Pastoral literature portrays nature as being idyllic, peaceful, and free of the constraints and struggles of human society. Pastoral settings often allow human characters to find solace and peace that are not possible in a human-made setting.
The story is set in the mountains of Tithwal during temperate and pleasant days in late September. There is peace in the mountains, but, instead of escaping to the innocence of nature, the soldiers bring war with them. The men cannot enjoy the pleasant surroundings because they are not there to enjoy life but to kill.
Manto uses a direct, succinct style, almost like an unbiased reporter writing of an actual incident. There is no diatribe; Manto does not tell his readers what to think but lets the facts speak for themselves. His use of dialogue to tell the story further contributes to the journalistic style.
Tension and Foreshadowing
The contrast between the pleasant natural surroundings and the camouflaged soldiers creates tension and a mood of suspense that subtly foreshadow the tragedy to come. Tension builds as Manto describes the soldiers’ boredom and melancholy. When the dog enters the Indian camp, Jamadar Harnam Singh does not greet him in a friendly manner, even though the other soldiers seem amused by his arrival. Jamadar Harnam Singh’s mean treatment of the dog as a potential enemy is further foreshadowing. Subedar Himmat Khan repeats the harsh treatment in the Pakistani camp. As the story builds, the soldiers treat Jhun Jhun both as a potential enemy and as an informant being sent to the enemy camp—neither of which bodes well for the dog. The doom that has been hinted at throughout the story culminates when the dog, scrambling from one side to the other, can find no safe haven. Jhun Jhun’s pitiful end is foreshadowed by the increasingly irrational and brutal behavior of the soldiers, which is emphasized by its contrast to their peaceful setting.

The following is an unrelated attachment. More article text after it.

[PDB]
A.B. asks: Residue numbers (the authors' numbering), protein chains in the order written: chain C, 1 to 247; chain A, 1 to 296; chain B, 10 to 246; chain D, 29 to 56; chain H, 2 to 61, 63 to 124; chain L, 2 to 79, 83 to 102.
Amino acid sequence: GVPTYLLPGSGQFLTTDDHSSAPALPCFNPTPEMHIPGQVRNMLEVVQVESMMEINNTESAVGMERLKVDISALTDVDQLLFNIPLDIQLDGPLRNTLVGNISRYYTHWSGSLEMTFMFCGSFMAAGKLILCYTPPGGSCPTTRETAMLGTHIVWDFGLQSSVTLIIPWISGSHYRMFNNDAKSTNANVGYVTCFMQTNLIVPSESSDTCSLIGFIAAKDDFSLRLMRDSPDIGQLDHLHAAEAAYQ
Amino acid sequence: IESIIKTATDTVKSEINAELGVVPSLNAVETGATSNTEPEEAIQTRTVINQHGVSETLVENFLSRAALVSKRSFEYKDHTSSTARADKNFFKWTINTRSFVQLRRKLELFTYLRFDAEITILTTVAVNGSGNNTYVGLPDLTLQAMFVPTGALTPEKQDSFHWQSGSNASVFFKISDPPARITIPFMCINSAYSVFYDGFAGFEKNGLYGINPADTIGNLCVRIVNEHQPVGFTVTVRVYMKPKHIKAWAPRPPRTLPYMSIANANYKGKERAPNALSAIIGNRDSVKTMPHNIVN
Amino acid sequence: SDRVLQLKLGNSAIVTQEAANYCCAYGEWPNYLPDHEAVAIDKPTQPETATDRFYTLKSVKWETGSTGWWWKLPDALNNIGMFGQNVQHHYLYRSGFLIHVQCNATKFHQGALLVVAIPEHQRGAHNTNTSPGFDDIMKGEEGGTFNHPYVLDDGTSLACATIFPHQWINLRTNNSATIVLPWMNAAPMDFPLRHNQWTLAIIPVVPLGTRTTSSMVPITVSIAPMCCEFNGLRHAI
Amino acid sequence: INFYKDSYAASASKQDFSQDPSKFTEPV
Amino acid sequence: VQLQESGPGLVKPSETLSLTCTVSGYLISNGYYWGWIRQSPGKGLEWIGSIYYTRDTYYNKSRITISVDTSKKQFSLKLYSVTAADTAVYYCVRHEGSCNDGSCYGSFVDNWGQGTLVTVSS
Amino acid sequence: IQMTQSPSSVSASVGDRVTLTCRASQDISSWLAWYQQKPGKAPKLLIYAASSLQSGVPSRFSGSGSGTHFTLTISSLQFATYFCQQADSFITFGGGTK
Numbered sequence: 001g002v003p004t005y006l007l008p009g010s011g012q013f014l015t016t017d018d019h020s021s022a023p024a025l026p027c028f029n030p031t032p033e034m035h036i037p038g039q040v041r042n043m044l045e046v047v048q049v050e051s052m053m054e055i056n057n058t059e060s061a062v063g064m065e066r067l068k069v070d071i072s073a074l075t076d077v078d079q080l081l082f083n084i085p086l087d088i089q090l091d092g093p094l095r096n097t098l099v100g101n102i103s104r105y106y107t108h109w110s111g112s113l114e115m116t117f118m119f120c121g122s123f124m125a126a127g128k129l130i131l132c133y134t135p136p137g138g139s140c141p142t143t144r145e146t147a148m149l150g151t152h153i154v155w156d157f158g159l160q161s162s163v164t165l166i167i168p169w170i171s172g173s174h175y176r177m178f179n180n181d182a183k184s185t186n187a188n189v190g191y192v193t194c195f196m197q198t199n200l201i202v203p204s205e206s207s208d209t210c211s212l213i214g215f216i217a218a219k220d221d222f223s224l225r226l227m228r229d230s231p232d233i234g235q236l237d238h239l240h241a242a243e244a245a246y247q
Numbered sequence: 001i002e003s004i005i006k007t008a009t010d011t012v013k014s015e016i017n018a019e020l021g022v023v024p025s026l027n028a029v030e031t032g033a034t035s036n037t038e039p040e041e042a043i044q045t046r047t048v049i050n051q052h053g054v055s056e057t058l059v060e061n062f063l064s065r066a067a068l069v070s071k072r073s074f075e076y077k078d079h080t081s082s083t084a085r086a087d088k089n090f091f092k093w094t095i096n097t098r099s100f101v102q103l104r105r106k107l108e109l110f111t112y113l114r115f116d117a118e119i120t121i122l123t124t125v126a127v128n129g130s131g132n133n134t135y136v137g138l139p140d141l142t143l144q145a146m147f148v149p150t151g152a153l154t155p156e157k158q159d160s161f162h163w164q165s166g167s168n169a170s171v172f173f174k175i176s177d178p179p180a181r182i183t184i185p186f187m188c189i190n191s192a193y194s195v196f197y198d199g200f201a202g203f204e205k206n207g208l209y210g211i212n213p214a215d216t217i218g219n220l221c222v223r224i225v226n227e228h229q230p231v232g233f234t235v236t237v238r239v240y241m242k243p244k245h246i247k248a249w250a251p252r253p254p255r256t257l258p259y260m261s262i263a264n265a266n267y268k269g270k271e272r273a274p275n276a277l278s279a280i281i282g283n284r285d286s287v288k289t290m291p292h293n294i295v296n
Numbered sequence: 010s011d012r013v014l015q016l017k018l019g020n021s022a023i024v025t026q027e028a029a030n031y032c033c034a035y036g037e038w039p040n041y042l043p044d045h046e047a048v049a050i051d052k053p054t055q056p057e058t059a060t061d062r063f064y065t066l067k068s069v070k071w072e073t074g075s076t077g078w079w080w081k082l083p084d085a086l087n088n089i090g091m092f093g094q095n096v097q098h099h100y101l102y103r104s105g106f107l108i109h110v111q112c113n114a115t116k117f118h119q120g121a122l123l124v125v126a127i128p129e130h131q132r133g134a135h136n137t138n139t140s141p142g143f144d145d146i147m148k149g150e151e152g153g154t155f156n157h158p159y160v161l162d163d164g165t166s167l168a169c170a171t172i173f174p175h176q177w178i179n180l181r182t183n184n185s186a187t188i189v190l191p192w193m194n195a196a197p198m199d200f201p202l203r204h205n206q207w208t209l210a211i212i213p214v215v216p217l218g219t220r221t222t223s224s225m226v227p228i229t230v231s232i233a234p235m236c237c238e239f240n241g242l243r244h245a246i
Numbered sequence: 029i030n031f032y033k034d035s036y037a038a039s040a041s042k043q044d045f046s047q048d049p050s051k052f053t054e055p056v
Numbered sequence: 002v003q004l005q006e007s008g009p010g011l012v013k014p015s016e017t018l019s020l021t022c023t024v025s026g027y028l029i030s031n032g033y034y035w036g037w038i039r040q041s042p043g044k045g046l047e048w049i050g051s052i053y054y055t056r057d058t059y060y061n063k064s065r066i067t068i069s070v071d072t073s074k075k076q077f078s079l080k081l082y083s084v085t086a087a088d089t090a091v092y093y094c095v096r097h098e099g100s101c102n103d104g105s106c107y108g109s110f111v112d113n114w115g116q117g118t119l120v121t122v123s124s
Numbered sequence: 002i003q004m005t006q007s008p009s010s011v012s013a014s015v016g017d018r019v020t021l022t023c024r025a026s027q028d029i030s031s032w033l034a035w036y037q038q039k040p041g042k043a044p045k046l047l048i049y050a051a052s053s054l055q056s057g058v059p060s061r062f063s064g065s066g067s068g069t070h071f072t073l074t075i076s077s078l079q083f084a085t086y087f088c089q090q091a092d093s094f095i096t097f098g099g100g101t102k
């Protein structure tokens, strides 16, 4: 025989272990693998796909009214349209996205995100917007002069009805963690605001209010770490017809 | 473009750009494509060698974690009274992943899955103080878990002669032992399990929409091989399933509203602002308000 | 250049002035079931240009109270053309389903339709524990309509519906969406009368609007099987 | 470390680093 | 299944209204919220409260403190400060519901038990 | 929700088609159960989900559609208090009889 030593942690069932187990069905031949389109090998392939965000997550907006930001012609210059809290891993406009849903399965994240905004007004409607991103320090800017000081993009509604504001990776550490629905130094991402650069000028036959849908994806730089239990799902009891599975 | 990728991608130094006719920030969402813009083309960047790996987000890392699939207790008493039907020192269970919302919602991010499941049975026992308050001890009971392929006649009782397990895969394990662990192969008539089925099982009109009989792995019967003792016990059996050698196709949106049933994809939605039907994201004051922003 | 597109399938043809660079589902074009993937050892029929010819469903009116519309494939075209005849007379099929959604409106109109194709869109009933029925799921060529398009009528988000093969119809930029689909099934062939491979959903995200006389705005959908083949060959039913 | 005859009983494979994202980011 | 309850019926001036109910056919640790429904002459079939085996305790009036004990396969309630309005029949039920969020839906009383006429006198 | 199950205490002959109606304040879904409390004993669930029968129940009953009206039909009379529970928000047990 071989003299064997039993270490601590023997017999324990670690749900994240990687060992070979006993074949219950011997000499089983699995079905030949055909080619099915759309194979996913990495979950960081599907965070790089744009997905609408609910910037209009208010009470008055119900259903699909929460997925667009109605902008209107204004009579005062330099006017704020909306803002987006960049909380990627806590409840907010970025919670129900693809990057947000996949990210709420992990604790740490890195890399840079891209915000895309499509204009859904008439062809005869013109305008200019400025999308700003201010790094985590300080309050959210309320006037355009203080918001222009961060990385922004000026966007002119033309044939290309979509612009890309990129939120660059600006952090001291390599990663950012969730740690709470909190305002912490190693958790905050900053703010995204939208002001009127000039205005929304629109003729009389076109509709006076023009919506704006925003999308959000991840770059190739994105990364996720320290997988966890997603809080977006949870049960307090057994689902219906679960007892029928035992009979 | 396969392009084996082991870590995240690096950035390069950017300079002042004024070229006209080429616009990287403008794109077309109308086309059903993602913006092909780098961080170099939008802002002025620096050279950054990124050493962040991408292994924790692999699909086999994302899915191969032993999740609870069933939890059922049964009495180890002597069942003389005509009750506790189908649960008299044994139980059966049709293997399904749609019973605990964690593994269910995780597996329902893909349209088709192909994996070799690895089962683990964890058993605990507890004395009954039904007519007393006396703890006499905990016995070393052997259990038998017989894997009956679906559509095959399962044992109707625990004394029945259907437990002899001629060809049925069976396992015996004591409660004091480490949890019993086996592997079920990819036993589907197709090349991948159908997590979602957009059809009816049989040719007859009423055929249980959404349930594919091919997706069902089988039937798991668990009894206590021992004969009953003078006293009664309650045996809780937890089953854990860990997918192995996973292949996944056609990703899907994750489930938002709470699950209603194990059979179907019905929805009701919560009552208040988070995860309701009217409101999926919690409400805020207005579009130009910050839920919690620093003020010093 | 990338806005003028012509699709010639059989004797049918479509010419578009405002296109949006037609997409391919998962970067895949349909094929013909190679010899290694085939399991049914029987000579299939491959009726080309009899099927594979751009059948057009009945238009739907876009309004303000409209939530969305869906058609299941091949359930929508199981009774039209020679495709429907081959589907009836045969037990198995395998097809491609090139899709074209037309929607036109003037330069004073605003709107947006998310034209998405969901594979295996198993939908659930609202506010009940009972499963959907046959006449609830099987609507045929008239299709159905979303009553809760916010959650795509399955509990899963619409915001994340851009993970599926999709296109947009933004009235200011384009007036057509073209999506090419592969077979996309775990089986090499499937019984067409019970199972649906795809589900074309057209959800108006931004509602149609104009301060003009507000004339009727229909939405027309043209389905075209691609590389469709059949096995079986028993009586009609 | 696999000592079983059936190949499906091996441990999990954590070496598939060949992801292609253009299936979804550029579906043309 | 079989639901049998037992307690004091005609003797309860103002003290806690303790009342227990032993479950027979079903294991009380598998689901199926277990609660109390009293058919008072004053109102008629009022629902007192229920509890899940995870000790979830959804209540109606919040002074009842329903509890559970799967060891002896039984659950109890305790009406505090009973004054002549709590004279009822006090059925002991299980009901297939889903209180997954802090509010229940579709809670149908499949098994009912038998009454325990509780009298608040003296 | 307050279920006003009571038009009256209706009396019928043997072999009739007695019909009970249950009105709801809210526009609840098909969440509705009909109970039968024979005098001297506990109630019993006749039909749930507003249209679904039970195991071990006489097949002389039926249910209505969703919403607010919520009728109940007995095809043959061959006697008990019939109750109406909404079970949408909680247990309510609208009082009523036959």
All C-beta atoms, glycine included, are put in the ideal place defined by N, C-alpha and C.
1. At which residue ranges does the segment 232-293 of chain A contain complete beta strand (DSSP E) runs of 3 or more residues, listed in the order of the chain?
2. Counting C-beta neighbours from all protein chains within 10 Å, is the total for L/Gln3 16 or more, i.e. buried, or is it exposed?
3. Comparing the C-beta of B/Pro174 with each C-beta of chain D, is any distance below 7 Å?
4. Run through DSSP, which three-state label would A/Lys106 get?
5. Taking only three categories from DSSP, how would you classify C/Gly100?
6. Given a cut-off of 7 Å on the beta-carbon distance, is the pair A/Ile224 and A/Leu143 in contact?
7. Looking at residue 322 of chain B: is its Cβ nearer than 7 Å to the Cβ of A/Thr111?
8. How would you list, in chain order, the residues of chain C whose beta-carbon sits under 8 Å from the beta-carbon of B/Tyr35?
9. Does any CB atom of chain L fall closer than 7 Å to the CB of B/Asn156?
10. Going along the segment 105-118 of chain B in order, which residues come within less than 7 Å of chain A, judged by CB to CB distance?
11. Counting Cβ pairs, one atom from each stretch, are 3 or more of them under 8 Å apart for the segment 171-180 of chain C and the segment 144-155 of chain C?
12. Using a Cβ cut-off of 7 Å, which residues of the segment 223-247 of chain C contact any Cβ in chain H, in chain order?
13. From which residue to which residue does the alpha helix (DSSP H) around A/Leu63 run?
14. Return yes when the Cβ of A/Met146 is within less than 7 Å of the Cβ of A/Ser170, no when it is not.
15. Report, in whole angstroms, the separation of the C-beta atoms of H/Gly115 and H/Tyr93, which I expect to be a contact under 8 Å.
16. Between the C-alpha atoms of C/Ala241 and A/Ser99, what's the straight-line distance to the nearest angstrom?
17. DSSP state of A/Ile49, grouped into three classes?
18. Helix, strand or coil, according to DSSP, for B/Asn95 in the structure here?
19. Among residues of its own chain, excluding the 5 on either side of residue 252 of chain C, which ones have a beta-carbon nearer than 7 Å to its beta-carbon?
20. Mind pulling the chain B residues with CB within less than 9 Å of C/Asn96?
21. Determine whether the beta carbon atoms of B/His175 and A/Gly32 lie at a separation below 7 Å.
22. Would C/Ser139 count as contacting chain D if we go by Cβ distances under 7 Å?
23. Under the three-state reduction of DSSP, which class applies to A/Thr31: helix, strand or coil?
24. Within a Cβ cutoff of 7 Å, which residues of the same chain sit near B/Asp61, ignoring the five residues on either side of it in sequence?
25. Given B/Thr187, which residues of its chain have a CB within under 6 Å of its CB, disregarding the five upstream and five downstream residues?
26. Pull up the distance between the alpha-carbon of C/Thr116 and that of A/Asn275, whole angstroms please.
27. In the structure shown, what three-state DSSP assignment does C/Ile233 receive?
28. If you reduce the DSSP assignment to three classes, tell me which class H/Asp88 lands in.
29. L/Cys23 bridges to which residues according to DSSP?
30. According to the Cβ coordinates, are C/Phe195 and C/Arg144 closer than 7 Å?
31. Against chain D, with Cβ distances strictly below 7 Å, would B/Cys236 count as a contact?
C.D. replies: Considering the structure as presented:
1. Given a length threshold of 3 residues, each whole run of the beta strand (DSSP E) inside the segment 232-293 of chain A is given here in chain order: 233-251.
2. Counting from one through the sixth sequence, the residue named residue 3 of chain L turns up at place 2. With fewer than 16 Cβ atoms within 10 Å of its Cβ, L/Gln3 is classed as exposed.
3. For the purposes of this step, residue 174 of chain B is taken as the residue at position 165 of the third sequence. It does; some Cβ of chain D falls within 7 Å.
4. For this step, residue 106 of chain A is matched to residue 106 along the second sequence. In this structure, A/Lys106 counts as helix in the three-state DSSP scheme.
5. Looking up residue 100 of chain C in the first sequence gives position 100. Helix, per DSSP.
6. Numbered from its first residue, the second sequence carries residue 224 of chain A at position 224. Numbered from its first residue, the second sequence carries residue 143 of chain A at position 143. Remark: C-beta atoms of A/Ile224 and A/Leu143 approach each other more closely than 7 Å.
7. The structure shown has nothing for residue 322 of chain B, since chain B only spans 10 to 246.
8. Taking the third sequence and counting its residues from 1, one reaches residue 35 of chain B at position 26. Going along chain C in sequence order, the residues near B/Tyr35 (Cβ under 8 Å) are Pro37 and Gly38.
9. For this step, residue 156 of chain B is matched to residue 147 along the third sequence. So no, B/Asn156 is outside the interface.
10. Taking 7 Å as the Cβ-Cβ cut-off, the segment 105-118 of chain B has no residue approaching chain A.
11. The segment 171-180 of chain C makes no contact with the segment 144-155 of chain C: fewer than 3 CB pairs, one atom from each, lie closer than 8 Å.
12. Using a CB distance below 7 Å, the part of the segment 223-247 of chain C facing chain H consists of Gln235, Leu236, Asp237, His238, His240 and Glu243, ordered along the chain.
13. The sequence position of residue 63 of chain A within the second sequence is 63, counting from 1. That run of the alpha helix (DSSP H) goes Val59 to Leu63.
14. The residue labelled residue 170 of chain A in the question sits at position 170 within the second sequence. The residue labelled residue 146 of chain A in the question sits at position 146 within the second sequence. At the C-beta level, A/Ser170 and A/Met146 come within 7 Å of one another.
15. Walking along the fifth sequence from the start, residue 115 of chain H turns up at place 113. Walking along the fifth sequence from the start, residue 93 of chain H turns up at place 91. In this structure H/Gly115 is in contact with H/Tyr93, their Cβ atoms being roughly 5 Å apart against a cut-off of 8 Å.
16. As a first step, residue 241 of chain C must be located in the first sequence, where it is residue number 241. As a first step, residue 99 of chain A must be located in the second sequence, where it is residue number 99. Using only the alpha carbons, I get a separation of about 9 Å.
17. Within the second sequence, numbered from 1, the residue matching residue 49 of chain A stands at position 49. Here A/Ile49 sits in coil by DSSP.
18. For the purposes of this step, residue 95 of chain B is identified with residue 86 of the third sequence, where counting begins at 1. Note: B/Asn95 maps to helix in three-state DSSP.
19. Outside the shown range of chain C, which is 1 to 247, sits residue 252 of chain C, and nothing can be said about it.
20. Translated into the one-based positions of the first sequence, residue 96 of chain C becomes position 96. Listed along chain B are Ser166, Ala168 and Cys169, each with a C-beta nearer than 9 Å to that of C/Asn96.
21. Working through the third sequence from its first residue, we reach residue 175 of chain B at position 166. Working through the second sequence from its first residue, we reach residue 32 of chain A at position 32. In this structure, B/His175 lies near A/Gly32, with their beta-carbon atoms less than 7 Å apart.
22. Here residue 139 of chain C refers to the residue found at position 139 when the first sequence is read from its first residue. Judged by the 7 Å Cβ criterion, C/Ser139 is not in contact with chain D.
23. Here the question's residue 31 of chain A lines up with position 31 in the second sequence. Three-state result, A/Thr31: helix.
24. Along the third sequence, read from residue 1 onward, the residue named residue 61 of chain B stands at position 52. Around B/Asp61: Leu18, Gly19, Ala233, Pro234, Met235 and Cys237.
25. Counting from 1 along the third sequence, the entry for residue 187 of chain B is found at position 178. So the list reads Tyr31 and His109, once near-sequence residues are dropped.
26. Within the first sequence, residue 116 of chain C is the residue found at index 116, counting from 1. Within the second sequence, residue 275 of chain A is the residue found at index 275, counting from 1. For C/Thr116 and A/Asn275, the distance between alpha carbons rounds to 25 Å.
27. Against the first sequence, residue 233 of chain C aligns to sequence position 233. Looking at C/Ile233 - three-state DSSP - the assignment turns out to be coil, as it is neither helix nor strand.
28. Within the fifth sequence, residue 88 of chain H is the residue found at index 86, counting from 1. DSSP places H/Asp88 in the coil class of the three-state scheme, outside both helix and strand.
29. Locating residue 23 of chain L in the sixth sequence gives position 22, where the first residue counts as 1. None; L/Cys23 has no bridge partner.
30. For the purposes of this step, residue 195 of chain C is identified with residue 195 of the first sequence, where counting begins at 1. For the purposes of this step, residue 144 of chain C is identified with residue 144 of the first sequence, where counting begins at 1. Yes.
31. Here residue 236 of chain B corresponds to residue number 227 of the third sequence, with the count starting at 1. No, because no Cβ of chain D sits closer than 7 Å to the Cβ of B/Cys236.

Carol Ullmann (Editor) Short Stories for Students: Presenting Analysis, Context & Criticism on Commonly Studied Short Stories, Volume 15, Saadat Hasan Manto, Published by Gale, 2002.